After two months of stock picking, the battle for the £5,000 grand prize went down to the final hours of the final day.
There were four players in the running, all having made close to £20,000 from their initial £100,000 stake. But there could only be one winner.
Colin Riley finished the game with £120,006, pipping 6,000 other players to the jackpot and scooping last week’s £1,000 weekly prize in the process.
We caught up with Mr Riley and some of the game’s other top players who ran him close on the final day.
‘I stopped looking after week six because I was doing so poorly’
Fund: Colin Riley
Final value: £120,006
Winning the competition came as a complete shock to Colin Riley, 51, from Stratford. After a poor start to the game, he stopped following his fund, only to check his progress on the final day to find that he was leading the field.
“I thought I was well out of it with a couple of weeks left to play so I stopped checking. I logged on at the very end and saw that it was neck and neck but I was convinced that I would lose at the very end. When I got the email saying I had won I thought it was a scam,” he said.
Mr Riley decided on his strategy at the beginning of the game and did not tinker with it. He owned five healthcare companies throughout: UDG Healthcare, PureTech Health, Indivior, Vectura Group and Mediclinic International.
“I went for healthcare companies in the hope there would be some consolidation in the industry or a boost linked to coronavirus. With so many small companies I thought there could be some takeovers. I was right and that’s why my fund shot up in the final weeks,” he said.
The turning point came after bids were announced for Vectura Group and UDG Healthcare, sending their shares 33pc and 20pc higher. Because Mr Riley had a concentrated portfolio, this propelled his fund from £107,400 to £118,300, a 10pc return, in just one day in the final week.
“95pc of my money went into four stocks to have the most concentrated portfolio possible. There are no prizes for second place so you have to go all in,” he said.
Mr Riley, who worked for an energy company for 20 years before taking early retirement, said he would invest his £5,000 in the stock market and attempt to “day trade” it to increase its value
“I’m going to have some fun with it and see what I can make. I am looking at buying companies which are linked to cryptocurrency,” he said. However, his main portfolio is conservatively managed, split between a tracker funds and a few stocks.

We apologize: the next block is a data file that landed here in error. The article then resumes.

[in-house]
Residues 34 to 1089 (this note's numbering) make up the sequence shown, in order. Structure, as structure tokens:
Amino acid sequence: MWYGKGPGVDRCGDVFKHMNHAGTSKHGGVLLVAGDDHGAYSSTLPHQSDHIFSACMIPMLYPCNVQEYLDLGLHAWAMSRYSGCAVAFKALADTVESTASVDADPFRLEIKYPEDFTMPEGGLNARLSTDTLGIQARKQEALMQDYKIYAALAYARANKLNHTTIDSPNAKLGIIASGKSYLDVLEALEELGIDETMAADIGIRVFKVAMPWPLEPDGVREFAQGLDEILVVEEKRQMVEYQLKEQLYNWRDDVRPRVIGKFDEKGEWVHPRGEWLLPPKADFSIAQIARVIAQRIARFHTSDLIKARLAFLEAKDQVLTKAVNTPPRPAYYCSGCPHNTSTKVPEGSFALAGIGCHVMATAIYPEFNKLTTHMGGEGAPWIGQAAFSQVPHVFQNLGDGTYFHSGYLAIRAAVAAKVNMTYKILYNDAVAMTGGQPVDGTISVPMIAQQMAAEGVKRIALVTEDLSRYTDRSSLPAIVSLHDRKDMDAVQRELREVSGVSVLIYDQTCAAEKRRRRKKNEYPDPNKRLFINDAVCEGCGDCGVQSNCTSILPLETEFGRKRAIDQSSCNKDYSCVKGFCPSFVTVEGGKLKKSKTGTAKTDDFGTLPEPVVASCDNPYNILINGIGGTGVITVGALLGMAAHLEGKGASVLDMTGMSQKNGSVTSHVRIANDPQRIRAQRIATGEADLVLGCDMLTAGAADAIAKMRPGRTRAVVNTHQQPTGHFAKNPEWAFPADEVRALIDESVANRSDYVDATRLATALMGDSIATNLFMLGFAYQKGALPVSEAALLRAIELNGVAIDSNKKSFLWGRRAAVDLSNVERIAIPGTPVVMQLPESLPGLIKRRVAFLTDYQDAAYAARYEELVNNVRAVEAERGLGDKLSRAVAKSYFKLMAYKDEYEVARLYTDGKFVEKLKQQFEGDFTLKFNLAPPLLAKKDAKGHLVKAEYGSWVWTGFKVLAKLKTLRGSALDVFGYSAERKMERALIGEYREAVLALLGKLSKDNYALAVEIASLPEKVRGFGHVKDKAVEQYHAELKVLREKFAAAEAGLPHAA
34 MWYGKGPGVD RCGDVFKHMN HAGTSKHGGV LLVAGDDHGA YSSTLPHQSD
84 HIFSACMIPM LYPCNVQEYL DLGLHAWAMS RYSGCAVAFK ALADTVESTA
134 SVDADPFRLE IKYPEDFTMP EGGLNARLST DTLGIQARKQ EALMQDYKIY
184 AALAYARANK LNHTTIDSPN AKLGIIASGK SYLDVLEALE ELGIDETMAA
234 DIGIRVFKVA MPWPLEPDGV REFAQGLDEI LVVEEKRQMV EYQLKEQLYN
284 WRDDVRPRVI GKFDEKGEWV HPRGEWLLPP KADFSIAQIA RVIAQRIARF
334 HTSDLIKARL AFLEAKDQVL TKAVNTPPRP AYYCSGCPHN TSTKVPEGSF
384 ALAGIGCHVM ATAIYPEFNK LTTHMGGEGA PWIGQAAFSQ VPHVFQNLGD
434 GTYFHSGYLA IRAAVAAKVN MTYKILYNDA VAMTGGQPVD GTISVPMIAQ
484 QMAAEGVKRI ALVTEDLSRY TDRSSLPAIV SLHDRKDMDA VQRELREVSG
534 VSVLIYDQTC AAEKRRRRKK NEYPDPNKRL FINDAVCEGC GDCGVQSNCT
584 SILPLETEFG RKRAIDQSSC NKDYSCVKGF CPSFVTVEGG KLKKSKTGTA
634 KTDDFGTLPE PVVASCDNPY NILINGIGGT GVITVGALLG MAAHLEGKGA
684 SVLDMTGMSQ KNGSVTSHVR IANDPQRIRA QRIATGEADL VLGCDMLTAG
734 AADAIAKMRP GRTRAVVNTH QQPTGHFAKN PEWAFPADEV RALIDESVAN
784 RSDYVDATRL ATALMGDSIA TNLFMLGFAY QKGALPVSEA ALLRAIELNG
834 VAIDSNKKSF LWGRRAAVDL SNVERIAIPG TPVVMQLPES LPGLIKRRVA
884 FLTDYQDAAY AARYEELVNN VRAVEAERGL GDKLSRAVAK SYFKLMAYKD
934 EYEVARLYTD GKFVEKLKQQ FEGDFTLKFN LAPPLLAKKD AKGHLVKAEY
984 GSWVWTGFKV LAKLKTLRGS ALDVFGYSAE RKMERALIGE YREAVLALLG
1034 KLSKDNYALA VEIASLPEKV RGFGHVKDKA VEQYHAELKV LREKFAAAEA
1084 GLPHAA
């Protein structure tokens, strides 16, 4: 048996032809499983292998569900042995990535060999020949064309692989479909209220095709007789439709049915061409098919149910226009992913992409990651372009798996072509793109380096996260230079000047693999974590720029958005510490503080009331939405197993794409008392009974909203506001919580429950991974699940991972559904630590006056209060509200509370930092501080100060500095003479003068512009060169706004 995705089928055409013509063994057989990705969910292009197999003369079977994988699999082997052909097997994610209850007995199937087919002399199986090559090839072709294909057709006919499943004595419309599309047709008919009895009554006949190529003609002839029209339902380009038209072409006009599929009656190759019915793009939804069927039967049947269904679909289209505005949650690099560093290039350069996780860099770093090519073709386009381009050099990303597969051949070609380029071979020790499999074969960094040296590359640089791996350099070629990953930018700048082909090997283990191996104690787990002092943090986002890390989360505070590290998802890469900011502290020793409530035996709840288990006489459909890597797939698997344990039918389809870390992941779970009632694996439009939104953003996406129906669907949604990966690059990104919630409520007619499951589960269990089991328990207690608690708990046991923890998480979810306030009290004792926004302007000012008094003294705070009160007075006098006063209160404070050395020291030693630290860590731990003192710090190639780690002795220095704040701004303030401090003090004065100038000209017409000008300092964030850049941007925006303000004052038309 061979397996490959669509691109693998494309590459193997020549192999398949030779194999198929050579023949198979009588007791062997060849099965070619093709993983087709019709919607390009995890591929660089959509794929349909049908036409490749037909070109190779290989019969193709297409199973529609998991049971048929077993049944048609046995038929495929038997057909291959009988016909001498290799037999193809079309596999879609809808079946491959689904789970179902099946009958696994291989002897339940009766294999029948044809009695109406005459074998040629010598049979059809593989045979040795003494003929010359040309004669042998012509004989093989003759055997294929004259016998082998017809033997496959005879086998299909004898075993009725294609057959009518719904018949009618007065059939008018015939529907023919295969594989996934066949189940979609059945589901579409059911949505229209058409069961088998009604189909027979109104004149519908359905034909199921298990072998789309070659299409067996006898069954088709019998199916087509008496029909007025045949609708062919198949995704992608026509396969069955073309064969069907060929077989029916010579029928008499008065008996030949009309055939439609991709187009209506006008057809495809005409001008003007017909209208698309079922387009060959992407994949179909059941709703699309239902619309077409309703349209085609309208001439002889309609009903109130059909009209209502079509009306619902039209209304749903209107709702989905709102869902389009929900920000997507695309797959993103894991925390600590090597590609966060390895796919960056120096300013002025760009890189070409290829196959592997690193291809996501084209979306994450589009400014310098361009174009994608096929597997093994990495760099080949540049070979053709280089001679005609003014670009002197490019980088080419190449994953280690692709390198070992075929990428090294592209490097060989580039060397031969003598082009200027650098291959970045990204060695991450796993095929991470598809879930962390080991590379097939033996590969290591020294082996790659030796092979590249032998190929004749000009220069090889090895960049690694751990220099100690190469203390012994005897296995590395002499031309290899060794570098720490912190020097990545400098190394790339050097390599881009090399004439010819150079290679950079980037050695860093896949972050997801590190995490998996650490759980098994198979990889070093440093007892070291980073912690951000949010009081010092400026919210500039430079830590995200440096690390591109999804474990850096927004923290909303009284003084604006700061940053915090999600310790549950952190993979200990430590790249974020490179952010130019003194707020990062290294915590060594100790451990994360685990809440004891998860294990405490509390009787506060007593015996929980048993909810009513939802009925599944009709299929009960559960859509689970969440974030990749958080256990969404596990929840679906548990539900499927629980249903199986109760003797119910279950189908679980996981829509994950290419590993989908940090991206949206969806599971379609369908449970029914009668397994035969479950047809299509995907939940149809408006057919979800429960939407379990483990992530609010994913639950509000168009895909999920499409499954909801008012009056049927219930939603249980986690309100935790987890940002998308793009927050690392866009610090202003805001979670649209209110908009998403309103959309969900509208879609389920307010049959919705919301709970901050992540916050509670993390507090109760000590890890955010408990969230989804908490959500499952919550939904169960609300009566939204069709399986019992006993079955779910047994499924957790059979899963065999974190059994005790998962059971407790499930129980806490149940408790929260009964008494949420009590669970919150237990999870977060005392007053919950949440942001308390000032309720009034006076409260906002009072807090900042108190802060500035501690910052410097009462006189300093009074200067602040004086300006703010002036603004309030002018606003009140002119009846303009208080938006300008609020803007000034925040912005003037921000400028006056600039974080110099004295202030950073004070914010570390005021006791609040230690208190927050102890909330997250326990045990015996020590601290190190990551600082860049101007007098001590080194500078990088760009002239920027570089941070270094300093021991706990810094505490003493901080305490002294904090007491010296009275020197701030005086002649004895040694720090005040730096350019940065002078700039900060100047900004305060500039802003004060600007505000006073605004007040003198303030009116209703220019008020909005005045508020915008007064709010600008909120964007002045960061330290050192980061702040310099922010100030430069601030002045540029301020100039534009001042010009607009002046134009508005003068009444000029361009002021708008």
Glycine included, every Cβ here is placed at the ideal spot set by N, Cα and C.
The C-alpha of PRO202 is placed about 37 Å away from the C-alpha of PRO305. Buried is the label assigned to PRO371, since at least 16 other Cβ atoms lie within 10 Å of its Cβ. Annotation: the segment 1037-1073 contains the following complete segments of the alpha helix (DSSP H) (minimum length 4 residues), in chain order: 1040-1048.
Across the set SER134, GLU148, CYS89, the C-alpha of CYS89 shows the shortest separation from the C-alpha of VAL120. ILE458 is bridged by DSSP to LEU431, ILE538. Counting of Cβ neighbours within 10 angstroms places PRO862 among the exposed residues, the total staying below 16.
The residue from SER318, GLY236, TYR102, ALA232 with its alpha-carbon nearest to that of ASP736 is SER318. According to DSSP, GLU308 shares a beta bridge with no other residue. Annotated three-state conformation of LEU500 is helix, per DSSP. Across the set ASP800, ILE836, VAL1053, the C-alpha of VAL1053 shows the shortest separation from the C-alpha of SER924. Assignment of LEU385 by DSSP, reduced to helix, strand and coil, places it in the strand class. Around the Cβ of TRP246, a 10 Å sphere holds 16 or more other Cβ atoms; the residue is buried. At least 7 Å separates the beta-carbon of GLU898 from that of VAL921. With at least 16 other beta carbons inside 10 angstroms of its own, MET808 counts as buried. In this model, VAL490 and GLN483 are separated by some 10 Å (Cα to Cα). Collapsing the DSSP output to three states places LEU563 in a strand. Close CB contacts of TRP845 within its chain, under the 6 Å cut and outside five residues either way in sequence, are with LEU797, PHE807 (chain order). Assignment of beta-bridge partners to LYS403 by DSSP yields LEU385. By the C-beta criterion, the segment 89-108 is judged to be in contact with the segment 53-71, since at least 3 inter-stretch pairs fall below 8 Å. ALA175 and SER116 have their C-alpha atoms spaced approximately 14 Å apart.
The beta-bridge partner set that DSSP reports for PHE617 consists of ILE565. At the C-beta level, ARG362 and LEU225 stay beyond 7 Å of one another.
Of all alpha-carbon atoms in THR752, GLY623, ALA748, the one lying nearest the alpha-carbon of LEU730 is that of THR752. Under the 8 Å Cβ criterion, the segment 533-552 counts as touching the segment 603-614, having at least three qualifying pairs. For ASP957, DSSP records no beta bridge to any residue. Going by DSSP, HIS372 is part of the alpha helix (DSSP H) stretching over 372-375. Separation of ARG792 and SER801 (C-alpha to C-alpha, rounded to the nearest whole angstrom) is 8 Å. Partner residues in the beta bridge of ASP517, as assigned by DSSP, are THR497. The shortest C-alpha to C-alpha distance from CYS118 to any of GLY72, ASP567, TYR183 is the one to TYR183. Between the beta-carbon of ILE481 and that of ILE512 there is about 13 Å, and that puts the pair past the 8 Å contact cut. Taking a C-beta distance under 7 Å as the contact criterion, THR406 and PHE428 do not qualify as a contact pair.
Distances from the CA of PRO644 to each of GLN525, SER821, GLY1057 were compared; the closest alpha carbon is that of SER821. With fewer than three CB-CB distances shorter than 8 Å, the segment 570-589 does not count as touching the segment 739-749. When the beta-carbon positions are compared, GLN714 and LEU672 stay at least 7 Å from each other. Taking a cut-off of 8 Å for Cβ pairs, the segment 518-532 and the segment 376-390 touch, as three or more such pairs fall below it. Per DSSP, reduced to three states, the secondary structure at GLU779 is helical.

“I’m primarily invested in passive funds, such as UK and global stock trackers, but have also bought shares in Goldman Sachs and Berkshire Hathaway,” he said.
‘I only started investing last year’
Fund: Pazzy Fund
Final value: £118,531
It was almost third time lucky for Priyesh Parekh, a 32-year-old IT consultant and part-time yoga teacher from Milton Keynes.
He finished third after leading for much of the game, which was a huge improvement on his performance in the first two seasons of the game, where he failed to make an impact.
“I was trading every day by looking for big winners from pre-market trading updates. I wanted to find companies that would get a boost after reporting positive results when markets opened,” he said.
He found big winners this way, such as engineering firm IMI, which rose 11pc in one day, and construction group Morgan Sindall, which rose 19pc.
“I got to grips with how trading updates would be interpreted by markets, but made lots of mistakes as well. I bought Barclays after it announced profits had doubled but missed the fact that it had put more money aside for bad loans, which caused shares to fall,” he said.
One of the turning points for Mr Parekh was backing mining companies as commodities prices rose to record highs.
“Ferrexpo was the big winner for me. I was watching Bloomberg TV in the morning to see where prices were moving and made a lot of money. I love how commodities are linked to macroeconomic trends, such as economic growth in China,” he said.
Mr Parekh only started invested for real last year. His first win came from buying shares in Kingfisher, which owns the B&Q and Screwfix chains and has been boosted by the DIY boom in lockdown. He then invested in American technology stocks, such as e-commerce group Shopify.
‘I’m retraining to be stock analyst in my free time’
Fund: The dog and the wolf
Final value: £118,523
Duane Scott, 35, from Leeds, is retraining to be a stock market analyst in his own time and used the game to practice. Finishing sixth in the last game and fourth in this one, his hard work is clearly paying off.
“I have a natural interest in the stock market and love reading about it. I knew that commodities were on the rise given the sharp increases in the prices of iron ore and lumber, so I wanted to own shares in that area,” he said.
A conveyancer by trade, Mr Scott loaded his fund with mining companies, including Ferrexpo, Anglo American and BHP.
However, he was quick to see that prices had peaked and quickly shifted his fund into healthcare stocks.
“Everyone had the same stocks and I knew I had to do something different. Vectura Group won a lawsuit with GlaxoSmithKline over a patent so I bought it. Medical technology was the winning theme at the end of the game,” he said.
However, he dropped the ball in the final week of the game.
“I gambled that Cineworld shares would be part of a ‘short squeeze’ against hedge funds that were betting against American cinema chain AMC Entertainment and games retailer GameStop, but it never happened. The pressure got to me and I invested in something I didn’t know enough about,” Mr Scott said.
In real life, Mr Scott is also an active trader. “I made money on cryptocurrencies but now I see this as too much of a gamble and buy shares instead.